April 06, 2007
Coast to Coast Sightings
A shot from the Borders in Philly.
The Borders in San Francisco.
March 14, 2007
Book Spotting and Signing
My family and I headed out last weekend to see Grey at the bookstores and it was one of the biggest thrills of my life. Twenty years of writing and working finally paid off.
This is my book on a display shelf at Barnes and Noble Union Square, NYC. Top rack, mind you!
I sign the books.
And they go back on the shelves with the "Autographed" sticker. Now you know exactly how that secretive and complicated process works.
Next day we visited a Borders in Queens.
I sign more books with assistance from Coreen, the Sales Manager (not in photo).
My interview on John Scalzi's By The Way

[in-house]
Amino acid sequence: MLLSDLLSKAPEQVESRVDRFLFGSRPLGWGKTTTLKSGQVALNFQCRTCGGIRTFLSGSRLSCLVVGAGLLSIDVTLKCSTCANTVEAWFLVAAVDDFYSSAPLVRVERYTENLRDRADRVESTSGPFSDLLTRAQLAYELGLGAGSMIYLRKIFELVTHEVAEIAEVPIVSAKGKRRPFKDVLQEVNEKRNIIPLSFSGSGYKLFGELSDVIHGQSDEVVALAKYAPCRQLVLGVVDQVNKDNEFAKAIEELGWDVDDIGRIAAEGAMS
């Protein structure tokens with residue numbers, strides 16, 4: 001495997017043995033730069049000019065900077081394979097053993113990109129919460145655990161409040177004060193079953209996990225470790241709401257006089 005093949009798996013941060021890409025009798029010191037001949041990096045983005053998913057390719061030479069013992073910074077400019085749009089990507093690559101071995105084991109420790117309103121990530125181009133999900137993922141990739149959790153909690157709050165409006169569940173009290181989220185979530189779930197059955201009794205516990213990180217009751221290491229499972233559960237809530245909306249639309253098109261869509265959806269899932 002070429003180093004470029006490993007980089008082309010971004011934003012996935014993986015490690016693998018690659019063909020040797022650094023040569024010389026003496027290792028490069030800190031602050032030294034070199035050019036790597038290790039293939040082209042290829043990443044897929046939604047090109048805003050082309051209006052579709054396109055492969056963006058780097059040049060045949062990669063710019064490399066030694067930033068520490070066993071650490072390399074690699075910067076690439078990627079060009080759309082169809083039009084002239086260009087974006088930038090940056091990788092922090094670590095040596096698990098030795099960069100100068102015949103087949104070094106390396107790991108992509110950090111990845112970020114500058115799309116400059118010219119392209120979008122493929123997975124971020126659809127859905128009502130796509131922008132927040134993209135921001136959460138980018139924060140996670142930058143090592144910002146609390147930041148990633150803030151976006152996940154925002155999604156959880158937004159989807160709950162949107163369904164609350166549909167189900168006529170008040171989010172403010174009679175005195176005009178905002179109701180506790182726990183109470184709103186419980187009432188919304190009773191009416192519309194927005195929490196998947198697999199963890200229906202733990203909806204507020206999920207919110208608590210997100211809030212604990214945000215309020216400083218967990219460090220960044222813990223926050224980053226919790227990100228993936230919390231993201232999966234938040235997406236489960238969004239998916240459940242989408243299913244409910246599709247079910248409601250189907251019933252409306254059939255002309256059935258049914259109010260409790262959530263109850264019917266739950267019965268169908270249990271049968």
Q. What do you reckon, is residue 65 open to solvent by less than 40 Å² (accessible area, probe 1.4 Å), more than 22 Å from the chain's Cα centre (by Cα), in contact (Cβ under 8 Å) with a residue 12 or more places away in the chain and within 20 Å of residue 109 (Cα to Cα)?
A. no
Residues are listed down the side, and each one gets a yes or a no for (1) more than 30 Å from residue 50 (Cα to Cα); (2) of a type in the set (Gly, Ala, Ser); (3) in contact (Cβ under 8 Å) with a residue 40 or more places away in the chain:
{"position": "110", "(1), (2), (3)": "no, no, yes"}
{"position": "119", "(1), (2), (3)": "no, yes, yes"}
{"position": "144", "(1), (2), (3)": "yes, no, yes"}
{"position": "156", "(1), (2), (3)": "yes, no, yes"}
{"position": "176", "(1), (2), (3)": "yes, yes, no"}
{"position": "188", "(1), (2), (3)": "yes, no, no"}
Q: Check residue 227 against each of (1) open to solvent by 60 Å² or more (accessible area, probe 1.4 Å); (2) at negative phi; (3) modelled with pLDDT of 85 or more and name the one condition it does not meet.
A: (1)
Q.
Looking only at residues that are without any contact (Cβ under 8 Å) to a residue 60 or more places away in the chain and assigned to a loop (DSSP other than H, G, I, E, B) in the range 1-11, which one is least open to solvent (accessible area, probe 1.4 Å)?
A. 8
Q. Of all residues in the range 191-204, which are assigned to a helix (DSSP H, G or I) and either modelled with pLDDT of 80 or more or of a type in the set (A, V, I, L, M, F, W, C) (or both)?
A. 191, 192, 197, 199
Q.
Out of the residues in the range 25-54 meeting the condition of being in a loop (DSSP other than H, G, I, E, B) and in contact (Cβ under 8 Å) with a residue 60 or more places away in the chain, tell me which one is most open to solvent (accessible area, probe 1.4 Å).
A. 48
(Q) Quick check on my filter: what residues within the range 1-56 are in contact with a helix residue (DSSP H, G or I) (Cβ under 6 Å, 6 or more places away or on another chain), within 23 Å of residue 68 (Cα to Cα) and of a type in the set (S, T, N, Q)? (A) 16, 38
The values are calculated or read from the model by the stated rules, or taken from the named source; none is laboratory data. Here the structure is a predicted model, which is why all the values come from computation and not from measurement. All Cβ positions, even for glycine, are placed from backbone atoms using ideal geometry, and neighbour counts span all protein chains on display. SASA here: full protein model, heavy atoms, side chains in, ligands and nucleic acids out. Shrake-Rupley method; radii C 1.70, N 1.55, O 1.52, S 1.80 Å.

He says: "Grey takes place in a world not unlike our own -- if our world had the volume knob pumped up to "11" and then snapped right off..."
March 02, 2007
Interview on the Radio
February 15, 2007
It's for sale!
Grey is in stock at Amazon. It seems like a long time coming. And from reports I've gotten, it will be in stores by the end of the month.
February 06, 2007
My interest in Japanese culture had several significant influences on Grey.
I spent one year of college as a foreign exchange student at Kobe's Konan Daigaku studying Japanese and Japanese culture. One of the most significant moments occurred when the weather changed and the thin jacket I had packed wasn't warm enough. I headed to the Sannomiya Mall in central Kobe and searched for something heavier. After spending several hours not finding anything I liked, I happened to turn a corner and found a small men's store packed with nothing but black, white, and charcoal clothes. I loved the minimalism and was delighted to find that one of the long, dark, and warm coats fit perfectly. I returned to the store many times, purchased more clothes and befriended the storeowner, Mr. Sugimoto.